In it, 10 employees in Sioux City, Iowa, sued BNSF alleging 15 years of employees being harassed and intimidated into skipping safety measures including brake tests — sometimes for cars carrying highly hazardous materials — so that trains could continue to move on time.
“They do put pressure on employees to get trains moving,” said Herb Krohn, the legislative director for the United Transportation Union, representing 2,000 railroad workers in Washington. “I know a lot of employees who have been criticized because they took too long to do a safety related matter.”
“The history of railroads in America has been one where things generally don’t get corrected until people die,” Krohn said. “And that is frightening to me.”
In 2008, Jeanette Wallis was injured while standing on a ladder on a string of locomotives and giving hand signals to a new employee. She lost sight and sound of the other employee, according to the OSHA findings, and saw only a locomotive approaching at what she thought was an unsafe speed.
Not in control of a locomotive herself, she saw no choice but to leap from the locomotive, injuring her knee in the process.
The BNSF train master and terminal manager followed her to the hospital and, according to the OSHA findings, more than once attempted to gain entry into her exam room. Hospital security told them to leave.
“As far as the injury, it is going to be reportable, however,… With the locomotive downloads that show no hard joint we might be able to fight it, that is a big might,” one of Wallis’ managers allegedly wrote in an email, according to documents revealed during her case.
Wallis did file an injury report. Three months later, she faced a disciplinary hearing about the incident. She was later suspended. The employee driving the locomotive on the day of her injury was not formally disciplined, according to depositions taken in Wallis’ case.
Wallis later won in federal court under the whistleblower statute and has since returned to work for the railroad. She said she loves the work despite the experience, which is a common sentiment amongst railroad workers.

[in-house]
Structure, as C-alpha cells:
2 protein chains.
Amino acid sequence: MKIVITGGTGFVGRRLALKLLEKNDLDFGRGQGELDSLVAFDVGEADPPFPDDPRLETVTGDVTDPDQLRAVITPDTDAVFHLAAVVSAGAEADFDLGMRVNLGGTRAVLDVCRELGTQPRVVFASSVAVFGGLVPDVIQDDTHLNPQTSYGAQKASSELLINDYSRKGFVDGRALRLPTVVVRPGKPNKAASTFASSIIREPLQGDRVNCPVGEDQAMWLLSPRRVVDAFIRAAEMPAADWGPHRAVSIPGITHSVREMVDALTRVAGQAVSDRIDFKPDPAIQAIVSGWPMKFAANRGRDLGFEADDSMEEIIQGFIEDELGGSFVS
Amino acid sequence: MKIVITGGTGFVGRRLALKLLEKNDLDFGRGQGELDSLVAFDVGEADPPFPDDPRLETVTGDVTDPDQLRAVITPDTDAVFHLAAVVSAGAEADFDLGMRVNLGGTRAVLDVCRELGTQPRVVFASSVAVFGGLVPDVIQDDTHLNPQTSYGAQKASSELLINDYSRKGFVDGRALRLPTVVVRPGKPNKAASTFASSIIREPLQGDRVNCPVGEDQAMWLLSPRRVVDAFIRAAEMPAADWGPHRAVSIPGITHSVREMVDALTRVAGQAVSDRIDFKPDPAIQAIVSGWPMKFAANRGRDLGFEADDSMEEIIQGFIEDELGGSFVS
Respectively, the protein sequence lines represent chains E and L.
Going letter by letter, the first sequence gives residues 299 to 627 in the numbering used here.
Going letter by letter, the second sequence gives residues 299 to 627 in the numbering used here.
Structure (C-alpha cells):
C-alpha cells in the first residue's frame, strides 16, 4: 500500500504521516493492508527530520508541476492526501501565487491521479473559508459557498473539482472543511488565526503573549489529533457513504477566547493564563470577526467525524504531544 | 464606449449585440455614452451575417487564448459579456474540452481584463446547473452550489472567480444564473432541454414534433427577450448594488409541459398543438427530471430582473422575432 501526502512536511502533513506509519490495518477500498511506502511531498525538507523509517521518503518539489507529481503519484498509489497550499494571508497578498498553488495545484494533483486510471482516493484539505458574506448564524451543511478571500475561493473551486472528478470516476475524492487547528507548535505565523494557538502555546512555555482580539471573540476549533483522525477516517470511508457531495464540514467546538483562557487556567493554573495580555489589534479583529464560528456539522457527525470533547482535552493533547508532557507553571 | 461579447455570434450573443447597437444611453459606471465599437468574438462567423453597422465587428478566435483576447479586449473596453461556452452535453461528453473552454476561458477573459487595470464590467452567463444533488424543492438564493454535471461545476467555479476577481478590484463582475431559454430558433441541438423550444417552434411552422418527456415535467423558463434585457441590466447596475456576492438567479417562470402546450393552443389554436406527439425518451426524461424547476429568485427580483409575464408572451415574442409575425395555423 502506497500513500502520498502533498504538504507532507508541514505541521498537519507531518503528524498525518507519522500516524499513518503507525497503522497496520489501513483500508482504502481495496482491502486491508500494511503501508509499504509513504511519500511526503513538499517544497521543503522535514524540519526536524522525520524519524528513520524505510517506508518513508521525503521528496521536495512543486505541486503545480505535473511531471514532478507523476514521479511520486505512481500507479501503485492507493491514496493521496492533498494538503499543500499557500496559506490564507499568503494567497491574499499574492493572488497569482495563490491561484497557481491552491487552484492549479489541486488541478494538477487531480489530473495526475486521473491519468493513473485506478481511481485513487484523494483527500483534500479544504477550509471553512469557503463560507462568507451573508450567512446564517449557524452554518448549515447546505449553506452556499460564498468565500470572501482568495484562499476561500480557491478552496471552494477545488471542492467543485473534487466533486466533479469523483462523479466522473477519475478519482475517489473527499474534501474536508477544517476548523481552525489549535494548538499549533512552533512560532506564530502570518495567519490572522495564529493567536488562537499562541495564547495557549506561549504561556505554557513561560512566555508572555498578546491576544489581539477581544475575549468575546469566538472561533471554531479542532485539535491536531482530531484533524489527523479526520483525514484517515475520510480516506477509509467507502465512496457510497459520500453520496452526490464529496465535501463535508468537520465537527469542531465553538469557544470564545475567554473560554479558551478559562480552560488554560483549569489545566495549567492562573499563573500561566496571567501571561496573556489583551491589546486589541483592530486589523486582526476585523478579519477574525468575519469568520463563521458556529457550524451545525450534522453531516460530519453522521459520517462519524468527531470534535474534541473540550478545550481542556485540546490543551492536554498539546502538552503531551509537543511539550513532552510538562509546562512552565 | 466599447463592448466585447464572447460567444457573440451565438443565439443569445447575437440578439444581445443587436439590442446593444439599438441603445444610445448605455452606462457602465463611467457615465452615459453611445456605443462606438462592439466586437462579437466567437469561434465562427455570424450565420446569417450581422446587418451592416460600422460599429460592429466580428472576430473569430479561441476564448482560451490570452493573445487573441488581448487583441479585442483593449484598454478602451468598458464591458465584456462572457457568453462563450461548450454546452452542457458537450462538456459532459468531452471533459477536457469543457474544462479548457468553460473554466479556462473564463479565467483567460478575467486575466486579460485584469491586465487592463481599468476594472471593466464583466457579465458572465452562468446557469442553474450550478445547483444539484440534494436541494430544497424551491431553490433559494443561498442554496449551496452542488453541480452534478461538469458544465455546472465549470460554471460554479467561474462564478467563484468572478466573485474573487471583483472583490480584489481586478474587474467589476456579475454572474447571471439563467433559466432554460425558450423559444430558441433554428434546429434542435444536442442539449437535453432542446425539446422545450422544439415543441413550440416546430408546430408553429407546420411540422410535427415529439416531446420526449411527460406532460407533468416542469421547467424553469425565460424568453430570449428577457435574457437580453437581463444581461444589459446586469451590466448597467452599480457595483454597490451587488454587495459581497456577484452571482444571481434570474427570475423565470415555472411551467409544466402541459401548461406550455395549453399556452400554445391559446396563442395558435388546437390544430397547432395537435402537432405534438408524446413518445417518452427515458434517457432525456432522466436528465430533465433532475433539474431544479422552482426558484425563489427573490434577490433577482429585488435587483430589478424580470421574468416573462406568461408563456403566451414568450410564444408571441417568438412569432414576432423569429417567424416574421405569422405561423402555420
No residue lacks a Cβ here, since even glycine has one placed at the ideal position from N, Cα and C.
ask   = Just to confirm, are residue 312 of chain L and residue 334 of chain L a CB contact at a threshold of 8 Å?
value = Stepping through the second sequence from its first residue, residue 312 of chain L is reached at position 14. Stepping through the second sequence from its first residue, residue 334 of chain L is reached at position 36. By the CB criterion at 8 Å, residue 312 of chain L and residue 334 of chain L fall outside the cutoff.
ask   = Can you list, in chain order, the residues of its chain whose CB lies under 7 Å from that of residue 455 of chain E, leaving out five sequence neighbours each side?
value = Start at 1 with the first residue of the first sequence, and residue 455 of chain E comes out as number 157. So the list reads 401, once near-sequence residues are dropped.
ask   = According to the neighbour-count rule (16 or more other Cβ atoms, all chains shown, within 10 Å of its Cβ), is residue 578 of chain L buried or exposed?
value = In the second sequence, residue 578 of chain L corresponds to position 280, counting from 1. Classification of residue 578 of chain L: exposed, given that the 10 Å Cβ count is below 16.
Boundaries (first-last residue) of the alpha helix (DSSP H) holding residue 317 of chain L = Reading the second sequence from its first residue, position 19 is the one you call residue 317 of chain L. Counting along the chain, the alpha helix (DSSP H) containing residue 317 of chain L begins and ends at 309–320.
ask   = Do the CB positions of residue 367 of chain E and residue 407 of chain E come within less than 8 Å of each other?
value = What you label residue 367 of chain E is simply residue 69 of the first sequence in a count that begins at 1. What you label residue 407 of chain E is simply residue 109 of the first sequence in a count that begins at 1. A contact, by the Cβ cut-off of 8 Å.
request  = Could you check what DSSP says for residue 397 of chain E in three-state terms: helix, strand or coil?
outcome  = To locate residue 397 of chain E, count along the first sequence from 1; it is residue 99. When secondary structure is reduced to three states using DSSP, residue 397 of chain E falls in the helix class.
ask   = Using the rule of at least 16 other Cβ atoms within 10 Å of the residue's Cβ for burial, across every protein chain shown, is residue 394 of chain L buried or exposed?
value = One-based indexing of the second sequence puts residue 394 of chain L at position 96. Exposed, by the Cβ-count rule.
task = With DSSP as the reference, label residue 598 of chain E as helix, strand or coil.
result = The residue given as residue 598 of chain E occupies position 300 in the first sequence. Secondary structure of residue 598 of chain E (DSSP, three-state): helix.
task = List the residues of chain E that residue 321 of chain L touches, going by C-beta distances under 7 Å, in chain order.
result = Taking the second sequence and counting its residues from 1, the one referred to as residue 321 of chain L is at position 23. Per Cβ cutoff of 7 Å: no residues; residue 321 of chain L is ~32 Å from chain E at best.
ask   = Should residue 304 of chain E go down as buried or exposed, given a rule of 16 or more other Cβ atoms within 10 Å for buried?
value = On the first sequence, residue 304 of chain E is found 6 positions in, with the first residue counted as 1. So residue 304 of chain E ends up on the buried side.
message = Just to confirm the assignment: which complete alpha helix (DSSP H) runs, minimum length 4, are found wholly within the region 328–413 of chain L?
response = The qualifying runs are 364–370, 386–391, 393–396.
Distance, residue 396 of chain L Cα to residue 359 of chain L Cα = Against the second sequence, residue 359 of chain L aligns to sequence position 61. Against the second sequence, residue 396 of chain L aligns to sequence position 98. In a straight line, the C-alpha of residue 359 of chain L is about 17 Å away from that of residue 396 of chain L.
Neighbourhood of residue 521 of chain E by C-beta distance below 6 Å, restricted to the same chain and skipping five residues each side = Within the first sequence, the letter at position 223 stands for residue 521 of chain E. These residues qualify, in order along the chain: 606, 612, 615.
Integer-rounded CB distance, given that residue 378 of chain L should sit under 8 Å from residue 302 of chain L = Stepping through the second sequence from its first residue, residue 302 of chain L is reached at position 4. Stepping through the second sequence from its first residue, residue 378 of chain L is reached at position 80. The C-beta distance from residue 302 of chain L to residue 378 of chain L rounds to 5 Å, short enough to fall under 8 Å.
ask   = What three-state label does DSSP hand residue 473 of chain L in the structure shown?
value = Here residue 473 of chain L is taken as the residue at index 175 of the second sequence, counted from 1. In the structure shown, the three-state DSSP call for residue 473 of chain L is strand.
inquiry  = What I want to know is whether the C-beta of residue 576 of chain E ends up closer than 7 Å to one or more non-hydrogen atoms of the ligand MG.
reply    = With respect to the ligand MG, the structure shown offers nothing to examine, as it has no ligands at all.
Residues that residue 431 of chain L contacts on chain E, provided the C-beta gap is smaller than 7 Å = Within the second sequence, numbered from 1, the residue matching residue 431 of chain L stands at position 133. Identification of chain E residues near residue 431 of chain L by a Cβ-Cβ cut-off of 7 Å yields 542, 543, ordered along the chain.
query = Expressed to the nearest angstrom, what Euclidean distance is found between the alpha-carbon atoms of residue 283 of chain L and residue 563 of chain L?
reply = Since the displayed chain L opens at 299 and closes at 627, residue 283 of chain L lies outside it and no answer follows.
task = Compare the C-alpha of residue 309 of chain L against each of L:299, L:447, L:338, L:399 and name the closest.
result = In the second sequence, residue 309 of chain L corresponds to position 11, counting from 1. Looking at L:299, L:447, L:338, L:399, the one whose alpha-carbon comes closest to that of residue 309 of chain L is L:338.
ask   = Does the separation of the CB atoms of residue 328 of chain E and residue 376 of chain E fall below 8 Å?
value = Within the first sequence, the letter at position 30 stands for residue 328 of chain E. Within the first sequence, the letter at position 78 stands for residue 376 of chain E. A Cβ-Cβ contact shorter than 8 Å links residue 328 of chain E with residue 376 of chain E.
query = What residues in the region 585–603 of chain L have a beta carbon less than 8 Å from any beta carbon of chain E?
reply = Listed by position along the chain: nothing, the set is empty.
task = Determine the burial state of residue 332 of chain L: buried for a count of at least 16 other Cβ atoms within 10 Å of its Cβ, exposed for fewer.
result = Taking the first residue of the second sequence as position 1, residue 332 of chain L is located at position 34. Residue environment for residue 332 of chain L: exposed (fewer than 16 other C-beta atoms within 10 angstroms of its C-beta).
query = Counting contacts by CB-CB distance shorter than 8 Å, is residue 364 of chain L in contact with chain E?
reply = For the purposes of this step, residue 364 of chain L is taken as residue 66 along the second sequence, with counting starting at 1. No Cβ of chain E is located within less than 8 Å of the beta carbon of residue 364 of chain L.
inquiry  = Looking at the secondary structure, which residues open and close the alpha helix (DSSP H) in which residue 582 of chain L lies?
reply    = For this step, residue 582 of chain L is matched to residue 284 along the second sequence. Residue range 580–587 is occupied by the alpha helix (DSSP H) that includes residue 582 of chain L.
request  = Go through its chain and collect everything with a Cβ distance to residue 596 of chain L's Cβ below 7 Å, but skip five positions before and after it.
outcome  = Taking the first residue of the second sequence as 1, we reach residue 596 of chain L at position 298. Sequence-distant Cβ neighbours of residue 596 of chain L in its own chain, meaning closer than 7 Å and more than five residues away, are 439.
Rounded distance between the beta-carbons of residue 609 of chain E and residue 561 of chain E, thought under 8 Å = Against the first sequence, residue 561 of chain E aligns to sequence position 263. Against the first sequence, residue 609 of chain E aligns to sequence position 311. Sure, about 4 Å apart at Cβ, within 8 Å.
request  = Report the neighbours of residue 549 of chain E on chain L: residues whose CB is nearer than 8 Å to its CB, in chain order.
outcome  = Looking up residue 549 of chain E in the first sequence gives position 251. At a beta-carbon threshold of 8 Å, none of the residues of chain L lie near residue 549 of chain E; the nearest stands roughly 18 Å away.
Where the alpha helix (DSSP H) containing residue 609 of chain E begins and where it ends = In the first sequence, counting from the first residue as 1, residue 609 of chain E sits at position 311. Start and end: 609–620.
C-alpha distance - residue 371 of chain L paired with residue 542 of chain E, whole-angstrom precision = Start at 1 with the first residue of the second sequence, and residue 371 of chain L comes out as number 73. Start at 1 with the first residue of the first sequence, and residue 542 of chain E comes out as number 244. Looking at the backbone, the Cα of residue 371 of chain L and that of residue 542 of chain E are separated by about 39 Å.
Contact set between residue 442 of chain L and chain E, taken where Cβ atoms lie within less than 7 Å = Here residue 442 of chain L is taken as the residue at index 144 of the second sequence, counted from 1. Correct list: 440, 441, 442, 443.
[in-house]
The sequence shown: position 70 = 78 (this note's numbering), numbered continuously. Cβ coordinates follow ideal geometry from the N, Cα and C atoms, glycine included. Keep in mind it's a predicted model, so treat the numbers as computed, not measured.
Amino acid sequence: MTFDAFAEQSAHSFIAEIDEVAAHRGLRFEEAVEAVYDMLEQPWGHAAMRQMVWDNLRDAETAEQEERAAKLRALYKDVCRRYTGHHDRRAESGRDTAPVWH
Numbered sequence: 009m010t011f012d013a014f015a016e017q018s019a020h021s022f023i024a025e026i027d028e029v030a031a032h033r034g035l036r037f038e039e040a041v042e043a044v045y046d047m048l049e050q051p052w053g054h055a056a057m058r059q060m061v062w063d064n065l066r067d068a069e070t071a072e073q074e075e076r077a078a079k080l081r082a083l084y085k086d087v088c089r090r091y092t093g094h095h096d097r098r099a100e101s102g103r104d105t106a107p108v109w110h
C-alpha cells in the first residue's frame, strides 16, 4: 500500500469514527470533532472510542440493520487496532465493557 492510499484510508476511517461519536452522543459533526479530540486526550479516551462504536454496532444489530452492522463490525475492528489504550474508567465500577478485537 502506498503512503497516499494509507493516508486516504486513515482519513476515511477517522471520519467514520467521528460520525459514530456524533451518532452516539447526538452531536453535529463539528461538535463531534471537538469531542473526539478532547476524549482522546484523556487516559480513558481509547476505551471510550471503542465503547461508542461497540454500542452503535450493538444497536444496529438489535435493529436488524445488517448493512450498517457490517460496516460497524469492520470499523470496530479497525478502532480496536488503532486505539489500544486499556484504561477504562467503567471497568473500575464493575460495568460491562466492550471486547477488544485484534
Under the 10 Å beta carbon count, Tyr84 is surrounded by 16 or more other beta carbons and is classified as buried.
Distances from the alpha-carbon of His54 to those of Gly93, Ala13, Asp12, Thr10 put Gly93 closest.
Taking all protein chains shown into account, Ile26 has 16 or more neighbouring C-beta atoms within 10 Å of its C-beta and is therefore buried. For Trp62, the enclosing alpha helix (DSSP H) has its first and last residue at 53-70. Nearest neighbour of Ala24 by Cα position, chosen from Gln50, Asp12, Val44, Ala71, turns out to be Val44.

Wallis’ was not Washington’s only case involving railroad injury reporting. In 2010, for instance, a crew of BNSF maintenance workers in the Seattle area alleged they were threatened by their manager that if they reported another injury the crew would be abolished and forced to seek other work.
“I’ve had employees who’ve called me on their way to the hospital saying that they got injured on the job. They need stitches and they’re afraid if they tell the hospital how the injury happened the railroad will find out and then bring them up on charges,” said Herb Krohn.
Roughly 60 percent of railroad cases filed involve workers who allege they were fired after reporting an on-the-job injury, a practice that’s been documented on the railroads for decades and was a major driver behind the whistleblower law.
FRA officials have stated the agency uses accident and injury data to set its general safety priorities and to focus its geographic inspections, neither of which can be done effectively without accurate reporting.
Since the passage of a whistleblower law in 2008, more than 1,400 cases have been filed against railroads in the U.S. OSHA now handles more cases cases under the railroad statute than it does for all but two of the 22 whistleblower statutes it enforces.
Whistleblower cases, regardless of industry, are often dismissed. Many railroad whistleblower cases are withdrawn or kicked out to federal court. BNSF claims 90 percent of OSHA investigations it receives are deemed to have “no probable cause.”
Still, OSHA and the FRA found the number of claims filed in the railroad industry, which has risen every year, concerning.
In 2012, the agencies wrote to the industry saying the agencies were “very concerned about the high number of complaints” and that the number is escalating. The perception of employees being singled out for discipline, the agencies wrote, “leads to the development of an organizational safety culture that may inadvertently suppress accurate reporting.”
Between 2009 and 2010 a curious thing happened at Amtrak.
The number of reported injuries jumped from 441 to 647. The reason, FRA and OSHA concluded, wasn’t a major increase in unsafe activity at the railroad. Instead, the passenger rail service abolished its policies discouraging workers from reporting injuries, including those rewarding managers for low injury numbers.
Federal regulators conducted audits and concluded the 206 extra injuries that weren’t a real increase, they were simply now being reported. Federal regulators hope to see similar changes on the nation’s freight railroads.
Lawrence Mann, an attorney for railroad unions who wrote much of the federal whistleblower law, is confident the law is enough to change the industry.
“The culture in the railroad industry is going to change because of the whistleblower law, as it relates to harassment and intimidation,” Mann said. “An employee should no longer fear an issue of rail safety being brought to the attention of the federal government, or the railroad, of notifying the railroads of safety problems.”